• Do risky or reckless things that show poor judgment.

Signs and symptoms of depressive episodes in children

During a depressive episode, your child may:

  • Feel frequent and unprovoked sadness.
  • Be uninterested in things they used to enjoy.
  • Cry often.
  • Be irritable.
  • Have trouble falling asleep, wake up very early or sleep too much.
  • Have low energy.
  • Lose interest in friends or classmates and isolate themselves from social interaction.
  • Be extremely sensitive to rejection or failure.
  • Have trouble concentrating or remembering things.
  • Have poor performance in school.
  • Eat too little or too much.
  • Say negative things about themselves.
  • Talk or think about death and suicide.
  • They may also mention or complain of physical symptoms, including:
  • Headaches.
  • Stomachaches.
  • Muscle aches.
  • Tiredness.

Teens may be less likely than adults to admit that they’re sad and depressed. If your child shows signs of suicidal thinking, call your child’s healthcare provider.

If you think your child is in crisis and needs immediate help, call 911 or the National Suicide Prevention Lifeline at 1‑800‑273‑TALK (8255). It’s confidential, free and available 24/7.

What causes bipolar disorder in children?

Scientists don’t yet know the exact cause of bipolar disorder.

But they believe there’s a strong genetic (inherited) component. More than two-thirds of people with bipolar disorder have at least one close biological relative with the condition. However, just because you have a biological relative with bipolar disorder, it doesn’t necessarily mean that you’ll also develop it.

Research also shows that trauma and stressful life events— such as the death of a family member or abuse — may increase the chances of developing bipolar disorder in people with a genetic risk of having the condition.

Some children with bipolar disorder may have physical changes in their brain, which may mean that some parts of their brain are more active or less active than in other children.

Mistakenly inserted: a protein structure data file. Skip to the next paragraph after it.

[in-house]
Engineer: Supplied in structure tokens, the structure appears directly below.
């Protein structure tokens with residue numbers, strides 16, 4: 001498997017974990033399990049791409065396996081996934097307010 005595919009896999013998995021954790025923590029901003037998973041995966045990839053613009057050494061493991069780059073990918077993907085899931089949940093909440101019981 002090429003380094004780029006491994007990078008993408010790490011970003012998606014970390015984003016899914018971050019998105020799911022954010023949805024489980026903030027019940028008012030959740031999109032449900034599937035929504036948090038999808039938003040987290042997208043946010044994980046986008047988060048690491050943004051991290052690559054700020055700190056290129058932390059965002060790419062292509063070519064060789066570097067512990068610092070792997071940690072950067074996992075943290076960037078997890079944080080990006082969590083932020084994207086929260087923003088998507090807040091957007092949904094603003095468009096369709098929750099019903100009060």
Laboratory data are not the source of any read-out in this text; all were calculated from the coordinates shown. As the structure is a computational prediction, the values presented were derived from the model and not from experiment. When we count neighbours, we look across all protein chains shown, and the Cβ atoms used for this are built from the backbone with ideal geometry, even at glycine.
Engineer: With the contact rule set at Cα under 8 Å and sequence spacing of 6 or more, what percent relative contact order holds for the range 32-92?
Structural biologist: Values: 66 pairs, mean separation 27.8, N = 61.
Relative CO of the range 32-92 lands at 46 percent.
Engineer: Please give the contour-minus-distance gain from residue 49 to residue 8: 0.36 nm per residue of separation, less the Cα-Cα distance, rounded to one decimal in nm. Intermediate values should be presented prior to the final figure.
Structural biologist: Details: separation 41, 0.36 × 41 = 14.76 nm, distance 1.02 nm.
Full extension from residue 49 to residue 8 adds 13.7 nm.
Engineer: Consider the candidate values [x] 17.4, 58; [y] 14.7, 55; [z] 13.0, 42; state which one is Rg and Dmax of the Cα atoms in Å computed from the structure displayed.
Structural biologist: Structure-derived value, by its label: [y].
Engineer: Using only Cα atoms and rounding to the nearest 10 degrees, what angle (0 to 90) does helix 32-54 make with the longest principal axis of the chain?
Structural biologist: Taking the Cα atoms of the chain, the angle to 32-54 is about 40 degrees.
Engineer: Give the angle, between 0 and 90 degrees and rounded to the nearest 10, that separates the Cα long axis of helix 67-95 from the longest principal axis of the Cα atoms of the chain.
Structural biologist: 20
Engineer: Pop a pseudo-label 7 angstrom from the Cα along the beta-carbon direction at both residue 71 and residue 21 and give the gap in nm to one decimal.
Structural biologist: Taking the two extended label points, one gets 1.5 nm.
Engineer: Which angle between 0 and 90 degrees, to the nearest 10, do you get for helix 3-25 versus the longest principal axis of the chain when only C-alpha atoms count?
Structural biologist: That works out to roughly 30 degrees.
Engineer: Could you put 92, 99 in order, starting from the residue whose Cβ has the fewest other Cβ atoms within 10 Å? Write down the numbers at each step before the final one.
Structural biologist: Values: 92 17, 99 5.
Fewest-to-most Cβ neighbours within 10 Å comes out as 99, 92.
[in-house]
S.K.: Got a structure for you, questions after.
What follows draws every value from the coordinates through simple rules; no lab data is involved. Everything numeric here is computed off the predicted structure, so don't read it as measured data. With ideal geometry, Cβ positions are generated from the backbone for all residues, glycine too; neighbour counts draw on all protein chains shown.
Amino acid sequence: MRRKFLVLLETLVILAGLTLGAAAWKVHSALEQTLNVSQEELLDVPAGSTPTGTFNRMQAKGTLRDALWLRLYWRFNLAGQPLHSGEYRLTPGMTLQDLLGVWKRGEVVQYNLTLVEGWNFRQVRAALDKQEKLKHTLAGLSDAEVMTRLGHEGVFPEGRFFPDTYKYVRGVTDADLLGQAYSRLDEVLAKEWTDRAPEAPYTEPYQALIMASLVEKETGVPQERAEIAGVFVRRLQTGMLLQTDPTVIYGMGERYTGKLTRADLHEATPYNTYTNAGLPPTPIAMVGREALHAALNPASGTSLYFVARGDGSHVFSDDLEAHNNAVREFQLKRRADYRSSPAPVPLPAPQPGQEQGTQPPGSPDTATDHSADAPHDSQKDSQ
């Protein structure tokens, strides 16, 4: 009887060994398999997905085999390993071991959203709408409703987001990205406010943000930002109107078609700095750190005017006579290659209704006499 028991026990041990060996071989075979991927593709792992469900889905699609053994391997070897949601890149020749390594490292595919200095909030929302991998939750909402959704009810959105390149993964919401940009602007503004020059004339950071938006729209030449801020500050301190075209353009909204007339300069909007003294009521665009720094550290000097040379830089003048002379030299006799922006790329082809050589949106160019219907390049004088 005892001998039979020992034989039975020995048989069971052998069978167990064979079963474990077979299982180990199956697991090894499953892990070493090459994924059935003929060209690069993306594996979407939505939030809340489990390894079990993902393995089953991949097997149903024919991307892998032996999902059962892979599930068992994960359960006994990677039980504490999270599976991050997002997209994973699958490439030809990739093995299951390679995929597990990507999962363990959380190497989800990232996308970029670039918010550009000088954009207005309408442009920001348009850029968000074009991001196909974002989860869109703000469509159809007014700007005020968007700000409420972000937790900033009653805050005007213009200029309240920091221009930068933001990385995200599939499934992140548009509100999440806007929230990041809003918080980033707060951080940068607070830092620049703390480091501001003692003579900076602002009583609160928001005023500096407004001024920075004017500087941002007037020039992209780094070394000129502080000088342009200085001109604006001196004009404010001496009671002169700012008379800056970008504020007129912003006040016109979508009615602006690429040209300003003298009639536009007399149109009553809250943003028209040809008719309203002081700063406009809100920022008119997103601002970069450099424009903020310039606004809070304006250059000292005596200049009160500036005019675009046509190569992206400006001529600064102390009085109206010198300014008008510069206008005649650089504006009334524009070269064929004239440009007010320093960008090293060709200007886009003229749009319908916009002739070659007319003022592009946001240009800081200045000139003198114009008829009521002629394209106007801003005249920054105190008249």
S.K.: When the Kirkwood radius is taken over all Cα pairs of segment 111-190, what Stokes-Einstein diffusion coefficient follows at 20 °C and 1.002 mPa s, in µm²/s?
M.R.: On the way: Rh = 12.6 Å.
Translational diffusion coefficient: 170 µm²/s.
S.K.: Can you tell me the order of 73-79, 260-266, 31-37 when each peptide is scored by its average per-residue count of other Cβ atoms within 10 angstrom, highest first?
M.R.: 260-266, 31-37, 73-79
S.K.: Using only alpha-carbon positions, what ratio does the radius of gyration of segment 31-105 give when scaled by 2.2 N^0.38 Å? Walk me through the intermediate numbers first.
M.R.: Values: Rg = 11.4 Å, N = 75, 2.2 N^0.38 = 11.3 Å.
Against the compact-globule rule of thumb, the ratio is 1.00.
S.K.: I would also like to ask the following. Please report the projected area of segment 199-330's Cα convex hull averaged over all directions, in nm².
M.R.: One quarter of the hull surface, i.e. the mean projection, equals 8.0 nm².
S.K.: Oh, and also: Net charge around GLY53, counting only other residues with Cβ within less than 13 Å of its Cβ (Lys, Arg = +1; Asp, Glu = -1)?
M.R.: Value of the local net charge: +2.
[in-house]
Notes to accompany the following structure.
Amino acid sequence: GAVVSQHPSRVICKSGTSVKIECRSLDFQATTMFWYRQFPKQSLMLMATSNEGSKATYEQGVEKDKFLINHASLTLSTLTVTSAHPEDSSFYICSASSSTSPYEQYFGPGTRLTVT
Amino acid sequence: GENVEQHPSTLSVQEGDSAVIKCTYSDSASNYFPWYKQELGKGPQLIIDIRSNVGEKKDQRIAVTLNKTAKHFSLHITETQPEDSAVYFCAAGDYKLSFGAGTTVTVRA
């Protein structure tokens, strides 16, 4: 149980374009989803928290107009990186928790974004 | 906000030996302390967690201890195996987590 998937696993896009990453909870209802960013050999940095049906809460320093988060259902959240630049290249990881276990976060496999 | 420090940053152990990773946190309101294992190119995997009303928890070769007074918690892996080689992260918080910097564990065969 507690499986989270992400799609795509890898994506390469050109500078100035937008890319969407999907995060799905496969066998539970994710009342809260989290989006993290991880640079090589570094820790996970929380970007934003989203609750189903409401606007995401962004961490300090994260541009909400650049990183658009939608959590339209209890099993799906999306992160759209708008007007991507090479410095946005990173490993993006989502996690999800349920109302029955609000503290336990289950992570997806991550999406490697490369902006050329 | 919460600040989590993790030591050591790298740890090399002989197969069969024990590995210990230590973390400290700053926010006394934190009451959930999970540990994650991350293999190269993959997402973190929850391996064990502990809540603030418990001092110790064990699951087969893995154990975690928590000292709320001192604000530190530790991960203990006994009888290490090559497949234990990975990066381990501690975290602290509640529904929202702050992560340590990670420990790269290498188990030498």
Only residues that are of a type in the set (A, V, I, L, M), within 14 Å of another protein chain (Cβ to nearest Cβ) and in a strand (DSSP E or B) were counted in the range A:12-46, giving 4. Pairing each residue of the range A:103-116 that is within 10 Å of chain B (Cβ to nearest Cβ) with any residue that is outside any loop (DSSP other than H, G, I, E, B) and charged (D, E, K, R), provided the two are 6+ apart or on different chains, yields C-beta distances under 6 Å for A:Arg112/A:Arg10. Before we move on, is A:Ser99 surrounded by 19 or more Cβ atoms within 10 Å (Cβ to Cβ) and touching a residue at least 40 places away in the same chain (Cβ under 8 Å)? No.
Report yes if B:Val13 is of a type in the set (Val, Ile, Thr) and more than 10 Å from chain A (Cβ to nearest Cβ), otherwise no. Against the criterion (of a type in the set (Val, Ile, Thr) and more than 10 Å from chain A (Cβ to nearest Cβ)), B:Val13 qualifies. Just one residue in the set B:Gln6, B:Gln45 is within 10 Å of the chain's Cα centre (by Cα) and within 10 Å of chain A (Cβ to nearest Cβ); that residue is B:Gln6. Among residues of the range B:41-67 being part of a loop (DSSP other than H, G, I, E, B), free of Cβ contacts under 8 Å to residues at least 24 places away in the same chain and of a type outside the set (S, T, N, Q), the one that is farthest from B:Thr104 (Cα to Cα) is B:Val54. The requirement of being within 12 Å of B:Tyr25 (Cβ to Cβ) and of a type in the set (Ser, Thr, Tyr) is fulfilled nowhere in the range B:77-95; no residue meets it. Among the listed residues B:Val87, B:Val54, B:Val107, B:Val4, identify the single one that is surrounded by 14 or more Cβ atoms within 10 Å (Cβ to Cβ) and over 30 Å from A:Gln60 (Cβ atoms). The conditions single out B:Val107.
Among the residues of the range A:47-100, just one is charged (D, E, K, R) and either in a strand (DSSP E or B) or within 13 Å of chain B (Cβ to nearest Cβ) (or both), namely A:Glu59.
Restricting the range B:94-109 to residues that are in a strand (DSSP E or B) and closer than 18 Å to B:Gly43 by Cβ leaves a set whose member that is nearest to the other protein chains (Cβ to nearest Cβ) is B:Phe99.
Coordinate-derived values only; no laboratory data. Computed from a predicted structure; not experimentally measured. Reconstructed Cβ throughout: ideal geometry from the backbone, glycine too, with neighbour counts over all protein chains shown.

Scientists are currently performing research to determine the relationship that these factors have in bipolar disorder, how they may help prevent its onset and what role they may play in its treatment.

Diagnosis and Tests

How is bipolar disorder diagnosed in children?

To be diagnosed with bipolar disorder, your child must have experienced at least one episode of mania or hypomania (with or without a depressive episode).

To diagnose bipolar disorder, your child’s healthcare provider may use many tools, including:

  • A physical examination.
  • A thorough medical history, which will include asking about your child’s symptoms, lifetime history, experiences and family history.
  • Medical tests, such as blood tests, to rule out other conditions that could be causing your child’s symptoms.
  • A mental health evaluation. Your child’s provider may perform the evaluation, or they may refer your child to a mental health specialist, such as a psychologist or psychiatrist, to get one.

Providers can often diagnose bipolar disorder in children more accurately when they ask the children, their teachers and their caregivers to fill out questionnaires that ask about mood, energy levels and other factors.

Signs and symptoms of bipolar disorder may overlap with symptoms of other disorders that are common in children and teens, including:

Management and Treatment

How is bipolar disorder treated in children?

Over the past decade, mental health experts across psychology and psychiatry have helped refine the assessment and treatment of bipolar disorder among children and teens.

An effective treatment plan usually includes a combination of the following therapies:

  • Psychotherapy (talk therapy).
  • Medications.
  • Helpful lifestyle habits, such as exercise, meditation and consistent routines.
  • Other therapies.

Bipolar disorder is a lifelong condition, so treatment is a lifelong commitment. It can sometimes take several months to years before you, your child and their provider find a comprehensive treatment plan that works best for your child. Although this can be discouraging, it’s important for your child to continue treatment.

Psychotherapy for children with bipolar disorder

Psychotherapy, also called “talk therapy,” can be an effective part of the treatment plan for children with bipolar disorder.

Psychotherapy is a term for a variety of treatment techniques that aim to help your child identify and change troubling emotions, thoughts and behaviors. Working with a mental health professional, such as a psychologist or psychiatrist, can provide support, education and guidance to your child and your family.

Some types of therapy for bipolar disorder include: